Programmes providing services for small‐ and medium‐sized enterprises are important. Yet, quality and impact of many of these programmes lag behind expectations. This paper attempts to shed light on the reasons behind this disappointing state of affairs.
Modern theories of innovation and services marketing management are adopted as a conceptual framework, because these theories generate major insights about how business services should ideally be provided. The usefulness of this framework for analysing business service programmes is demonstrated through its application to one particular programme, the small business service (SBS) in the UK.
Using this approach, the paper identifies several key issues. Major weaknesses in programme structure and implementation practices emerge, mainly revolving around customer focus, incentive problems and organisational issues, and the lack of a systems perspective.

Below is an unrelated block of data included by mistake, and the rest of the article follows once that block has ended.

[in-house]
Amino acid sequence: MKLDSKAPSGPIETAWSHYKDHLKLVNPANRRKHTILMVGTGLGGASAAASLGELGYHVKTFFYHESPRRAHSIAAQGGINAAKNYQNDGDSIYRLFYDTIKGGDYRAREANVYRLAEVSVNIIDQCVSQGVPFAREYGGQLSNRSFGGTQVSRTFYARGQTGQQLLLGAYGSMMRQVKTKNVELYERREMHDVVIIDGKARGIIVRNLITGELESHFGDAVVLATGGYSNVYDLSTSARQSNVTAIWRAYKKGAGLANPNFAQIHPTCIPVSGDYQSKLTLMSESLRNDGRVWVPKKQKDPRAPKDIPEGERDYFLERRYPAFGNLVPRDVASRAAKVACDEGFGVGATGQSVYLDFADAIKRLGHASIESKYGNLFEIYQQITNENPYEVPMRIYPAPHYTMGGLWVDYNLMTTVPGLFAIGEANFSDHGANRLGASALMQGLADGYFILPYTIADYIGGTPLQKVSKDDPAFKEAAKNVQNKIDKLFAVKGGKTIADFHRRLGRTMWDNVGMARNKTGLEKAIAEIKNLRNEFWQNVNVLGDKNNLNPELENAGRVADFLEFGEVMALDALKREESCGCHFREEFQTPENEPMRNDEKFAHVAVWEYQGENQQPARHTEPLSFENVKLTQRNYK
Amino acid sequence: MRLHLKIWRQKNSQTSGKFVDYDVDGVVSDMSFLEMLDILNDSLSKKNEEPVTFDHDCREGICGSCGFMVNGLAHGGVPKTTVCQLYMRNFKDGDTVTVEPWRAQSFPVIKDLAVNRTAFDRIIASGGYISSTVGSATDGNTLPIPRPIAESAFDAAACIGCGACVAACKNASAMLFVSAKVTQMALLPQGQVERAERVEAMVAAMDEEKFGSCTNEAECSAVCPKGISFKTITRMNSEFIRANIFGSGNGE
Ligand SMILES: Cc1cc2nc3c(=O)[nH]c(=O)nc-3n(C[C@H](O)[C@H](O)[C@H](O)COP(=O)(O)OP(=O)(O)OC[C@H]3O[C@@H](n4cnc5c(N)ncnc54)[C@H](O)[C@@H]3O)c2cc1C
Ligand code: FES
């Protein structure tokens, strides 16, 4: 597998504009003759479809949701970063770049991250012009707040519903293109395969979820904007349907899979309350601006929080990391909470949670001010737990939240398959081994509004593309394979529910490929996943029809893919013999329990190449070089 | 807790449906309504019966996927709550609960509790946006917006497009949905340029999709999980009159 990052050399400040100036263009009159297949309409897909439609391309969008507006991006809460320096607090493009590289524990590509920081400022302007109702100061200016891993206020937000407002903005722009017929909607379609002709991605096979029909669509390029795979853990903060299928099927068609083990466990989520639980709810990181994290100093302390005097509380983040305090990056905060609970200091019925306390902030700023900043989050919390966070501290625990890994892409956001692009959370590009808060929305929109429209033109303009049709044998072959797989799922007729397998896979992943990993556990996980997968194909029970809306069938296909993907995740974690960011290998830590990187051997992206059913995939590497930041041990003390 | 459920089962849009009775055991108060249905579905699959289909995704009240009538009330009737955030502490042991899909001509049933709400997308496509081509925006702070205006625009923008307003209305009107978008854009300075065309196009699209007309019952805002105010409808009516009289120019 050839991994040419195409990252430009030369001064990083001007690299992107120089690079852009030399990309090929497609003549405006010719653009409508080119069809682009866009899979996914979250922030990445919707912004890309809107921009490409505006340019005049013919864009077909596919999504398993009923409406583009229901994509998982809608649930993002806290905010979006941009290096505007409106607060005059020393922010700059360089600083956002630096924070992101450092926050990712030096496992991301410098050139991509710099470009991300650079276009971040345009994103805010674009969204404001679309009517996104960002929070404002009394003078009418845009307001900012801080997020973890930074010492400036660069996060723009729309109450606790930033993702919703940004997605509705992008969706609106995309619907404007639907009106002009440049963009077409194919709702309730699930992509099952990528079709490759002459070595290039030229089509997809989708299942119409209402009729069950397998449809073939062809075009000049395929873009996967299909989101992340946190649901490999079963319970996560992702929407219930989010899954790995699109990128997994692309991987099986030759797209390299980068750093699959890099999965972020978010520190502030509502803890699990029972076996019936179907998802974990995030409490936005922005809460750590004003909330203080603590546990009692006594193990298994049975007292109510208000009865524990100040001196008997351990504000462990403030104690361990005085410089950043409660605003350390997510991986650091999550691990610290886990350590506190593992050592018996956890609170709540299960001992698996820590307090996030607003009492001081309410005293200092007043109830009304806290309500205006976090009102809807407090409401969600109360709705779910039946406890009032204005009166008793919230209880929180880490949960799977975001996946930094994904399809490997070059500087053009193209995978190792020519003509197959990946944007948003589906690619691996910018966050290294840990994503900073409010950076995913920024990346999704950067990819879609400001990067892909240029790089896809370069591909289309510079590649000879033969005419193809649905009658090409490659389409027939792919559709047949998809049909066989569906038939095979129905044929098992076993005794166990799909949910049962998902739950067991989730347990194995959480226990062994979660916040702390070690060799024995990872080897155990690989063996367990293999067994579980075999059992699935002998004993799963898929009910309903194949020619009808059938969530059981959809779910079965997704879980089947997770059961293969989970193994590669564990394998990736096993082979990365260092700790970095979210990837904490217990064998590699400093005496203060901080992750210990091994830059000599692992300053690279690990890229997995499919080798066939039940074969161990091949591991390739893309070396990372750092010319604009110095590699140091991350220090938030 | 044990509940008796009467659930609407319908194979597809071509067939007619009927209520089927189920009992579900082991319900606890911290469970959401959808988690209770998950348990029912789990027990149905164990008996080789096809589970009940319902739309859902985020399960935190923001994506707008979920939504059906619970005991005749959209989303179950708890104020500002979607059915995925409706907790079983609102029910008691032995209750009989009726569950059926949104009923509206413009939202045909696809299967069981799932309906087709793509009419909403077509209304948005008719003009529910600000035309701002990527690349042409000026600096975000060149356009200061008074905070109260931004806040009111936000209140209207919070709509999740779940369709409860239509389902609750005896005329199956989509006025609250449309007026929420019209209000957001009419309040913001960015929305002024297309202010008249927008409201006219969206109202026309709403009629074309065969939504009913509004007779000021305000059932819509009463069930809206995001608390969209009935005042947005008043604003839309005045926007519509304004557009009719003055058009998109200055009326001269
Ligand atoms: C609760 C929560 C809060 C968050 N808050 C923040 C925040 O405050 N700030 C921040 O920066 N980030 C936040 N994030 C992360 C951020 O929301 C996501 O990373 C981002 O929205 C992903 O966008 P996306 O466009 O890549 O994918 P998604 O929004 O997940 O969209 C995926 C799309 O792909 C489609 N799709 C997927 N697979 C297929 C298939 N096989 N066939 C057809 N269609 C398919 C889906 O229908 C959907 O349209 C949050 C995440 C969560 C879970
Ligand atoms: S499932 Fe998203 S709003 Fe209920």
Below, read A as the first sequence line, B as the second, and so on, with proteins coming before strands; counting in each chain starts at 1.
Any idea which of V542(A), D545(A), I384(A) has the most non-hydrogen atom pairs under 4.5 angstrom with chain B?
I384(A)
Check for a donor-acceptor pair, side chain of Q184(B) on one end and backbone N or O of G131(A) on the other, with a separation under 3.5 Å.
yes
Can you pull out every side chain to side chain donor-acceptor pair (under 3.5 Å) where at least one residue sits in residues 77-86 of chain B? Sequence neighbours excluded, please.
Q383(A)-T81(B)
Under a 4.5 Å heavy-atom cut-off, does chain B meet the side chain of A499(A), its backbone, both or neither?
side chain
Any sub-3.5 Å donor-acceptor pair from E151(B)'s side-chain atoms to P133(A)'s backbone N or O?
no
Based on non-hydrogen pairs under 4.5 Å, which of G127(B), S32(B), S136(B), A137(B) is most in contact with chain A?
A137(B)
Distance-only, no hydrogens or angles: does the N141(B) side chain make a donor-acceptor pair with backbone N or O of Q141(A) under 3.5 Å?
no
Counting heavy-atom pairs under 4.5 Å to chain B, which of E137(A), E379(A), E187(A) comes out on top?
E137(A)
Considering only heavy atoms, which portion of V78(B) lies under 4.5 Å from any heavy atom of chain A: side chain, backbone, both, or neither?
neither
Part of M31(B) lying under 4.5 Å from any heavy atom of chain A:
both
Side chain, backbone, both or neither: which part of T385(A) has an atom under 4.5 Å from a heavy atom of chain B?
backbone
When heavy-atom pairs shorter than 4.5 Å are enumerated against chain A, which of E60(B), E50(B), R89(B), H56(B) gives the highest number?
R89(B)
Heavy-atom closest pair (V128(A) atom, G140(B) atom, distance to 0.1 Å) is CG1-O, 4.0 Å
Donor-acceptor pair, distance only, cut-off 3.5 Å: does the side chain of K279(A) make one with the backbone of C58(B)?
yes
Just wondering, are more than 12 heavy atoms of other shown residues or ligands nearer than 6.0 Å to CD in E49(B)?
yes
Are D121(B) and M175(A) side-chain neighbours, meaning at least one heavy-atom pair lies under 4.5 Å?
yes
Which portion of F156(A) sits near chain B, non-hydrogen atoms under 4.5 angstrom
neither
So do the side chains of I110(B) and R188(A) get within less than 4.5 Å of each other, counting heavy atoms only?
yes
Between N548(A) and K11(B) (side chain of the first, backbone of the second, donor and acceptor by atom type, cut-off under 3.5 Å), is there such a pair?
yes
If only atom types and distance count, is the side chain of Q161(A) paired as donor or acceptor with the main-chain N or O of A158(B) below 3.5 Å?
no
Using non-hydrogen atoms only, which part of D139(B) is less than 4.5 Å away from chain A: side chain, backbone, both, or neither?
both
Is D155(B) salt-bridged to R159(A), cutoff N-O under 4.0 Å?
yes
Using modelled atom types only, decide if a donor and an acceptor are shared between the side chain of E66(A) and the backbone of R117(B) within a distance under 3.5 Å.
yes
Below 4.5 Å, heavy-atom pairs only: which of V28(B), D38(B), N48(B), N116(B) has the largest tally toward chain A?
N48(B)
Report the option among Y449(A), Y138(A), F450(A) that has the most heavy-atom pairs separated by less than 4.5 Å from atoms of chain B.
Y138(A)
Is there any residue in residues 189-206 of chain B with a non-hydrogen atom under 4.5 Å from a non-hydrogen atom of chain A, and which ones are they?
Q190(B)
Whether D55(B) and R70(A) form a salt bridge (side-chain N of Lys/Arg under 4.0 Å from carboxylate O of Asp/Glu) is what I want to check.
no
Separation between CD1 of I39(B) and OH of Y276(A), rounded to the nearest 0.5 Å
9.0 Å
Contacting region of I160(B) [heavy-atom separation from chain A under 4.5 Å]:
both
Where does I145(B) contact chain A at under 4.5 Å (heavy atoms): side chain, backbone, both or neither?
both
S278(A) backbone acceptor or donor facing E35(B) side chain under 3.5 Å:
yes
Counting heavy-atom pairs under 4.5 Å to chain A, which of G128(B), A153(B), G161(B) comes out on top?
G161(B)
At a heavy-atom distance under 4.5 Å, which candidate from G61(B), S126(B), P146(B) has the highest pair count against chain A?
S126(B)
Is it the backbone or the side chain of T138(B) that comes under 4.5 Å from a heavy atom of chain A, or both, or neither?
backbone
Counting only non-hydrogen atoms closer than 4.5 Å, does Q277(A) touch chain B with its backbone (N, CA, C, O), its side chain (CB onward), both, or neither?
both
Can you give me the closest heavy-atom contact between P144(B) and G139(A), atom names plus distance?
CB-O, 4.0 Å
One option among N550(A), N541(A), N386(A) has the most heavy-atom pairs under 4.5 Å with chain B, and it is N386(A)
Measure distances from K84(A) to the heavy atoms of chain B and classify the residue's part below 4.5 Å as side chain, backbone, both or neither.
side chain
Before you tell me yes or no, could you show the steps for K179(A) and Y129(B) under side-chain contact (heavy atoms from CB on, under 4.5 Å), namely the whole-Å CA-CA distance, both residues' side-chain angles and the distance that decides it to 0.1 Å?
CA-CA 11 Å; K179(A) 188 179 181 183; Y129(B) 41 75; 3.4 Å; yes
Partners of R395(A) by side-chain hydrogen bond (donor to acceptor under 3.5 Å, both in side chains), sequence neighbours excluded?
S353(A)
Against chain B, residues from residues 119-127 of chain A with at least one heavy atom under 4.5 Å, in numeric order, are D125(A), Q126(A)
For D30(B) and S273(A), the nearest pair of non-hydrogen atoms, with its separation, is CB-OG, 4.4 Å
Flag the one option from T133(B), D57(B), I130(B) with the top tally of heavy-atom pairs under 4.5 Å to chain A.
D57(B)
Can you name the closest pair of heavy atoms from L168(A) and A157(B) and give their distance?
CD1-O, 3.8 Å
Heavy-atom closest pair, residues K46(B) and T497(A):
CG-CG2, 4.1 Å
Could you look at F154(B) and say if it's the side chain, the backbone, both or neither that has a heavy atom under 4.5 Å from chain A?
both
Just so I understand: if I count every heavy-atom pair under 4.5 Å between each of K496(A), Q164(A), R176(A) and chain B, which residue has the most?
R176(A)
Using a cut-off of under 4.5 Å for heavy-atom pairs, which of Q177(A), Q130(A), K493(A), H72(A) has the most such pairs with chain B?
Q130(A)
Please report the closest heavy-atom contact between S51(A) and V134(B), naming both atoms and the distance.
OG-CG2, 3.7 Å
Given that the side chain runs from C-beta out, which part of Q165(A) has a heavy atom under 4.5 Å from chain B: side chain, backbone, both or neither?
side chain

Given the suitability of the framework for the analysis of our case, it could also prove to be a promising tool for analysing business support programmes in other settings.
Managerial priorities for improvement in the UK emerge. There is a need to improve the incentives facing boundary‐spanning staff. This should be backed up by further organisational reform, to address the fragmentation plaguing the current system.
The methodological approach, of viewing practice in a SBS programme through a theoretical lens, is novel. It could be a useful supplement to conventional performance and impact assessments that are more factual in nature.
Caniëls, M.C.J. and Romijn, H.A. (2005), "What works, and why, in business services provision for SME: insights from evolutionary theory", Managing Service Quality: An International Journal, Vol. 15 No. 6, pp. 591-608. https://doi.org/10.1108/09604520510634041Download as .RIS
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